Monitoring software builds with a traffic light

[JD] at isotope11 was looking for a way to get instant feedback whenever a developer broke a piece of software they were working on. After finding a 48 inch tall traffic light, he knew what he had to do. Now, the entire development team knows the status of their code from a traffic light hanging in the corner.

isotope11 runs a¬†continuous¬†integration server to do the quality assurance on their software projects. It’s a lot more flexible than the ‘compile and pray’ setup we’re used to, but then again C isn’t very well suited to test-driven development. When one of [JD]‘s developers breaks a piece of code, the CI server will send a warning to an Arduino where all the electronic magic happens.

To light the traffic light, [JD] used a few relays to drive the 120 volt bulbs in the traffic light. The traffic light is very easy to read – red means something is broken, green means everything is alright, and yellow means a test suite is being run.

Check out the video of [JD]‘s TDD visualization after the break.

21 thoughts on “Monitoring software builds with a traffic light

  1. well, ok, but shirley something a but smaller would have done. maybe a little train that carries messages on its carriages?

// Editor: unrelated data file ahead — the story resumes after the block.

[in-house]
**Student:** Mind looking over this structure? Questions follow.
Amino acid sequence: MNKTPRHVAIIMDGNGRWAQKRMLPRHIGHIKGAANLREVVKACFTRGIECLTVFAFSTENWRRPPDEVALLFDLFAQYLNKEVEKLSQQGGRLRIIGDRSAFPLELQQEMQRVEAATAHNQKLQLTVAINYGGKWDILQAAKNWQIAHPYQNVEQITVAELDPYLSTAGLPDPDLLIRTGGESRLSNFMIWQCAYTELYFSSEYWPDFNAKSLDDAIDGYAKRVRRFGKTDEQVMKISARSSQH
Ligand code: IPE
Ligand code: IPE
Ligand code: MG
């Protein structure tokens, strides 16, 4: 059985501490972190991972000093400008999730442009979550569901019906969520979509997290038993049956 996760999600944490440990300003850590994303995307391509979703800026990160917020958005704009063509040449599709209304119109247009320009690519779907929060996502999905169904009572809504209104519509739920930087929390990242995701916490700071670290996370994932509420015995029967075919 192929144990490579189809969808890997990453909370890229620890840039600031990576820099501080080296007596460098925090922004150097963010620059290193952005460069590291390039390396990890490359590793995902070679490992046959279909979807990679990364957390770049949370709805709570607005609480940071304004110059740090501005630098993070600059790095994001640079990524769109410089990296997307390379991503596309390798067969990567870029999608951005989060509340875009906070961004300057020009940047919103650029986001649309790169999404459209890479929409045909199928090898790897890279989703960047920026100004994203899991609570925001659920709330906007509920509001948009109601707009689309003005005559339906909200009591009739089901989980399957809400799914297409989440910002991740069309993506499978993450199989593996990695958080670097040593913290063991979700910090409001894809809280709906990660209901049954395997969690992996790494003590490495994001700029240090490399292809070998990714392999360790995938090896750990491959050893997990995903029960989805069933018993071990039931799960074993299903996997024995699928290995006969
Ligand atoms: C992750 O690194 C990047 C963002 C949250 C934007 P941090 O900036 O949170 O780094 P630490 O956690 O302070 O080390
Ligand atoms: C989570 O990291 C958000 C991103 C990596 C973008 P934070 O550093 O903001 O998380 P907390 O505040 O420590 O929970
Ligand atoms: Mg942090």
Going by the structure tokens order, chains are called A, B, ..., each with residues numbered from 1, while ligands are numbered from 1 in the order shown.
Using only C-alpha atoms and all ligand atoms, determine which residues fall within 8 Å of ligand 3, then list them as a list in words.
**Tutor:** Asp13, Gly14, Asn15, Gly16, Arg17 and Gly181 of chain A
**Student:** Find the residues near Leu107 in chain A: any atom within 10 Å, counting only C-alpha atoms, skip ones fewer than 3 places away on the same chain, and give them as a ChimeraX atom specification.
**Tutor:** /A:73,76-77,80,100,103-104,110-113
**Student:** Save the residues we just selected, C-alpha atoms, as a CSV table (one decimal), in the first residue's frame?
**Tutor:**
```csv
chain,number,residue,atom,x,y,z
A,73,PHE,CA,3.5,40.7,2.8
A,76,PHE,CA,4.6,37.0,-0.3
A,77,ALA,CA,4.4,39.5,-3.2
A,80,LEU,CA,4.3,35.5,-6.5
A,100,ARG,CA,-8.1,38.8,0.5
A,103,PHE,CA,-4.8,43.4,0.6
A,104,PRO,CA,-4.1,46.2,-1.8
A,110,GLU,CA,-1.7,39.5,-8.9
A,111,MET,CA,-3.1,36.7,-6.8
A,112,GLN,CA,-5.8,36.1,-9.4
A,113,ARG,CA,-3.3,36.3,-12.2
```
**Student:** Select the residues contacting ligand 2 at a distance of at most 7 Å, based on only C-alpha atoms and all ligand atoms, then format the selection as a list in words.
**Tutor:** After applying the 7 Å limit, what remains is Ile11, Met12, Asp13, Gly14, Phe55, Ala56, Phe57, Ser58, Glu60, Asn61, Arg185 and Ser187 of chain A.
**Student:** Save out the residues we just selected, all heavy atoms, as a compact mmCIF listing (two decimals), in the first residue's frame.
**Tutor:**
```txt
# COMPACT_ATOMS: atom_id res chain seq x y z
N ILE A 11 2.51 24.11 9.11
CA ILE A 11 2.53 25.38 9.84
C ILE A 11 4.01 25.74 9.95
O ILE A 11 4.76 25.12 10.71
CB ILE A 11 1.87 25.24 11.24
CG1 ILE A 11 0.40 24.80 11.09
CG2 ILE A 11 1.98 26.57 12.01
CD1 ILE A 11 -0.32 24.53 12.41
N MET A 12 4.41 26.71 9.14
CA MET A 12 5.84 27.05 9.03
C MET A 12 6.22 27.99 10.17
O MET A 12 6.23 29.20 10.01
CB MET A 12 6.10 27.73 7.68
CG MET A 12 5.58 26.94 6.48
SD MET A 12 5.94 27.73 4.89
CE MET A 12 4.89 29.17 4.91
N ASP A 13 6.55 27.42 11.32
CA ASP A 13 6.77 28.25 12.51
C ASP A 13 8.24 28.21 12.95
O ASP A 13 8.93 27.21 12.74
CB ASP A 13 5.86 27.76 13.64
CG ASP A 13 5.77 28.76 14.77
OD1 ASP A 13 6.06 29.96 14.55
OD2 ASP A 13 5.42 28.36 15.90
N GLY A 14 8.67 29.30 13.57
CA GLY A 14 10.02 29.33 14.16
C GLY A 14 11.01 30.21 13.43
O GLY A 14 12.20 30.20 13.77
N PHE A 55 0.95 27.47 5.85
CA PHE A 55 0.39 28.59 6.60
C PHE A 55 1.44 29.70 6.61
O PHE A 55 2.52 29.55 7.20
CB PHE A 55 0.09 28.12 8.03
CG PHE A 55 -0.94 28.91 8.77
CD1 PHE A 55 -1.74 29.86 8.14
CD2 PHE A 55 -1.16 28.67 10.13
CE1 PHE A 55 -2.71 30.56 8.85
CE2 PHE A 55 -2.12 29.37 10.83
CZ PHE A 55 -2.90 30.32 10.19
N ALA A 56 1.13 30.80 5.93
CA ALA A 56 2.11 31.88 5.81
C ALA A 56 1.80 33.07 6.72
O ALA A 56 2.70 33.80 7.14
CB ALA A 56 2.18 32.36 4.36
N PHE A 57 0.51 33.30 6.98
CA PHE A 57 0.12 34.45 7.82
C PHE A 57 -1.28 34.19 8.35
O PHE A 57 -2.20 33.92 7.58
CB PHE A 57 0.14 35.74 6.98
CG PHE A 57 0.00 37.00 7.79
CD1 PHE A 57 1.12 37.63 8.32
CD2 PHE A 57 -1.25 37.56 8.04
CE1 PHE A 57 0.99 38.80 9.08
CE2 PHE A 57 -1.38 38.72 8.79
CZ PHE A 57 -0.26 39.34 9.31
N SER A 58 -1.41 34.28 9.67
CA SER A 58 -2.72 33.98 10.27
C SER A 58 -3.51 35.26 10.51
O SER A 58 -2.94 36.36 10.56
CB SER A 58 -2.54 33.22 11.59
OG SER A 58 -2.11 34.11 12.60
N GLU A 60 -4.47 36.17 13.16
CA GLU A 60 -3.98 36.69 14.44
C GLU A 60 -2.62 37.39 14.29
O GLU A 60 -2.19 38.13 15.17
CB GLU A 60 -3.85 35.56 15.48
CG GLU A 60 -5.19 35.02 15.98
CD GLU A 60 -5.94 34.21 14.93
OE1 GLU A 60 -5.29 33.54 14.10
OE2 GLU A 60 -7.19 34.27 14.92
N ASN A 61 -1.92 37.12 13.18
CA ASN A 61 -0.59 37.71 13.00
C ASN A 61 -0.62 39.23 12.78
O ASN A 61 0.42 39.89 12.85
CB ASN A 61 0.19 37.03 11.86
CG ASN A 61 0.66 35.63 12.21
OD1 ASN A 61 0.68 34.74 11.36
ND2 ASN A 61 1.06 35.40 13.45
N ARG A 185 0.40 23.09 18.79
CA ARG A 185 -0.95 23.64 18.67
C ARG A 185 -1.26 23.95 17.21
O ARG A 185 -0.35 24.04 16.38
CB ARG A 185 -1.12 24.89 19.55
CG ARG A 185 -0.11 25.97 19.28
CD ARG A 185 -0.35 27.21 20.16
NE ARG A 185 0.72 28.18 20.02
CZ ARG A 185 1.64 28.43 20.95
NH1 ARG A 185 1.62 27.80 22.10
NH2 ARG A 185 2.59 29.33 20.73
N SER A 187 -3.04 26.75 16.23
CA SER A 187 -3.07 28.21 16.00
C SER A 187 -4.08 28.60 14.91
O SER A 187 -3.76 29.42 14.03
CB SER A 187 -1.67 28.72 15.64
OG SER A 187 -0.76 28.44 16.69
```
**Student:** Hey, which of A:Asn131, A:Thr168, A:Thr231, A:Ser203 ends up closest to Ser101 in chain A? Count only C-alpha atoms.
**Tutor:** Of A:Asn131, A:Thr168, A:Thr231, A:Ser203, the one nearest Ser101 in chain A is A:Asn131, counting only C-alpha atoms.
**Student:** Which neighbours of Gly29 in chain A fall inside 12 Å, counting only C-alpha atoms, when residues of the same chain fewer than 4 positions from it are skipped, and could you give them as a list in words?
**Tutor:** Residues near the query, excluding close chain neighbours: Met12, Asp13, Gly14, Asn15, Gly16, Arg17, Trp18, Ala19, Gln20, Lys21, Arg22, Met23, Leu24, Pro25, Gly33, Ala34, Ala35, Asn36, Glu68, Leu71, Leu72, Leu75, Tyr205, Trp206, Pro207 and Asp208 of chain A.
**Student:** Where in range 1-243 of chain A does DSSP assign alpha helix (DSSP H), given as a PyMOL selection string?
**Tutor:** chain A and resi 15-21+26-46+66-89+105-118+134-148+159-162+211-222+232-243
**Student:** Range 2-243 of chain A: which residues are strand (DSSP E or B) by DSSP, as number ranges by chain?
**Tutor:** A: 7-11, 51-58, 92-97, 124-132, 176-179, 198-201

you could have it automatically order them in a shunting yard to construct sentences? i am sure this could work

    1. And then automatically deliver the message to the guy that broke the build!

      Oh overengineering, is there any problem who’s solution you can’t make more awesome?

  2. well… actually in the original design, there was no “Traffic light” there was a “Taser in your seat”, and anytime a developer broke a build – they would be the first to know it. But we soon realized that we would never have anyone deploy any code, so we went with “Traffic light”

  3. Only adults have to invent a reason to play, and justify it by making it look like the result is going to make things more productive. ;)

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